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PALM LATITUDES

Close-up

October 20, 1991|Martin Booe | EDITED BY MARY McNAMARA

What could a tube of lipstick possibly mean to a woman on Skid Row--especially when chances are good that she can barely feed the kids? In the hands of missionary Willie Jordan, 58, that lipstick can be a powerful weapon for restoring what many down-and-out women need most: self-esteem.

More than 40 years ago, when Jordan's late husband, Fred, founded the Fred Jordan Mission on Towne Street, Skid Row was haunted almost exclusively by men--the unemployed, the alcoholic, the mentally ill. But women and children are the fastest growing segment of the homeless population; 60% of the half-million people the mission serves each year are women. "Mothers and children are more fragile," says Jordan, who now runs the mission. "When a mother is left with children, it is virtually impossible for her to work. The mission tries to be their family."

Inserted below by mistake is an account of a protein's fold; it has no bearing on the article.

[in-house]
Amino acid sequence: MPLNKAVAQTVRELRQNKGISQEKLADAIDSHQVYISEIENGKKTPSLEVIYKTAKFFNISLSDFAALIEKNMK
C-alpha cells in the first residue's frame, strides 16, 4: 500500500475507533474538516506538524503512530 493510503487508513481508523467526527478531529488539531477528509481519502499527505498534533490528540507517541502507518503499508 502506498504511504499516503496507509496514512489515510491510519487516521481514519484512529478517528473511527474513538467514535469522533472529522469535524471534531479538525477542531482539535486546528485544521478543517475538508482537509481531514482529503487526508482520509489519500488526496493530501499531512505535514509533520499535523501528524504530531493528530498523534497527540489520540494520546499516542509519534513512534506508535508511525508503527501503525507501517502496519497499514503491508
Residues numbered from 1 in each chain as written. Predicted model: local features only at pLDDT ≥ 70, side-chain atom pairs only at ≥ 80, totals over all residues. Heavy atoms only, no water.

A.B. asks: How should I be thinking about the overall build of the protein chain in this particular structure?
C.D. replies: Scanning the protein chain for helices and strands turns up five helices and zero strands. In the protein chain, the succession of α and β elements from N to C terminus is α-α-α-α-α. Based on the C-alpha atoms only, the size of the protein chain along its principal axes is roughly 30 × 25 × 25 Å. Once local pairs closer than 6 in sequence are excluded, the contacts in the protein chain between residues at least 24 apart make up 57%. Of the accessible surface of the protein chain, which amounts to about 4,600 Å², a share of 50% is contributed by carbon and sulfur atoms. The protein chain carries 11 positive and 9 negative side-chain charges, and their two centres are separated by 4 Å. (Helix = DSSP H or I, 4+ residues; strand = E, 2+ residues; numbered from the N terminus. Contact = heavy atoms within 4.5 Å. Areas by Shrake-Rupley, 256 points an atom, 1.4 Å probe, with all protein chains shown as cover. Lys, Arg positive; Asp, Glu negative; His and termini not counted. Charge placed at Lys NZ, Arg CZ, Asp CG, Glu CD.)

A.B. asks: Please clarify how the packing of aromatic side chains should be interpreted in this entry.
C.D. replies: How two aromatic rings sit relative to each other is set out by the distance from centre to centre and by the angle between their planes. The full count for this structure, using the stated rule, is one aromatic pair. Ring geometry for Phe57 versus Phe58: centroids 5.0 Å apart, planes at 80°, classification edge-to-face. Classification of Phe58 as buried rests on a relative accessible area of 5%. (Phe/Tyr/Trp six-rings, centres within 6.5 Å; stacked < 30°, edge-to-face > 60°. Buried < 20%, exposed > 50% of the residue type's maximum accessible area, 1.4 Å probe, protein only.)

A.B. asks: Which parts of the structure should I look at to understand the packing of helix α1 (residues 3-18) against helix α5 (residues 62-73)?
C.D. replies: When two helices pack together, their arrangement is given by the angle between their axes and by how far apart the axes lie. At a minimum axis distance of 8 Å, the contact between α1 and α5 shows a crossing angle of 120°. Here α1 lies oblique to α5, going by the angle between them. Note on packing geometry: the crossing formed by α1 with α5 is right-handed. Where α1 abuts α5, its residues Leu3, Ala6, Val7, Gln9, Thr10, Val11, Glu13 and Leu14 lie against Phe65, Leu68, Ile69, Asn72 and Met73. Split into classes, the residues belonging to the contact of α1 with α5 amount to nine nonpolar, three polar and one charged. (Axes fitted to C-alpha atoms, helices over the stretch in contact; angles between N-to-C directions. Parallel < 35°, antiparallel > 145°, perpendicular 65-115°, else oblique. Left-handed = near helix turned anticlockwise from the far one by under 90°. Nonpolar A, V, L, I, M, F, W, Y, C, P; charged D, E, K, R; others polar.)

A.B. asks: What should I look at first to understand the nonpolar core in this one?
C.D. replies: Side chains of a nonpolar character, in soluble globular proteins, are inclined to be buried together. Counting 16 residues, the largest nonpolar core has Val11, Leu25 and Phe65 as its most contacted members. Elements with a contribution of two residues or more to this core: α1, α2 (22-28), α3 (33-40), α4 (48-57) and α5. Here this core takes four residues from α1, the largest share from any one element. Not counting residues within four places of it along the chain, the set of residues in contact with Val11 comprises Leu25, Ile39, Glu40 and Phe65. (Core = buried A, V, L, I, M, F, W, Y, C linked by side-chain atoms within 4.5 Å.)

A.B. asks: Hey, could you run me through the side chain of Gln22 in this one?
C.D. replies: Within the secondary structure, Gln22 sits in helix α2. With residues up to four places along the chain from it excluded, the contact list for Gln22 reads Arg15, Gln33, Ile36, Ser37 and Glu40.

Her way of being family is nothing if not creative. There's the annual "Mother's Day Makeover" that began in 1989--hundreds of Skid Row women gather at the mission to receive facials, manicures and haircuts by professionals. At the annual back-to-school event, thousands of children get new shoes, clothes and lunch boxes, donated by merchants. Jordan plans to start a grade-incentive system to inspire the kids in the mission's afternoon study hall. "I paid my own kids $5 for an A," she says. "I'm going to pay these kids in points. If they get enough, we'll take them to Disneyland."

It's not all lipstick and lunch boxes. The mission still maintains a comprehensive shelter for men and outpatient programs for the drug-addicted. Jordan is seeking private donations to implement "Refuge for Kids and Moms," a recovery center for those struggling to overcome substance abuse and domestic violence. She works almost nonstop from early morning until late at night. But, she says: "We have such a good time doing what we do, the question of burnout doesn't really come up." Her efforts, however, sometimes arouse anger. One man called to grouse that such niceties would spawn dissatisfaction. "That's exactly what I hope it does," Jordan told the man. "I'm in the business of making them feel dissatisfied. They need to be shown that there's a better life out there, and that they deserve it."

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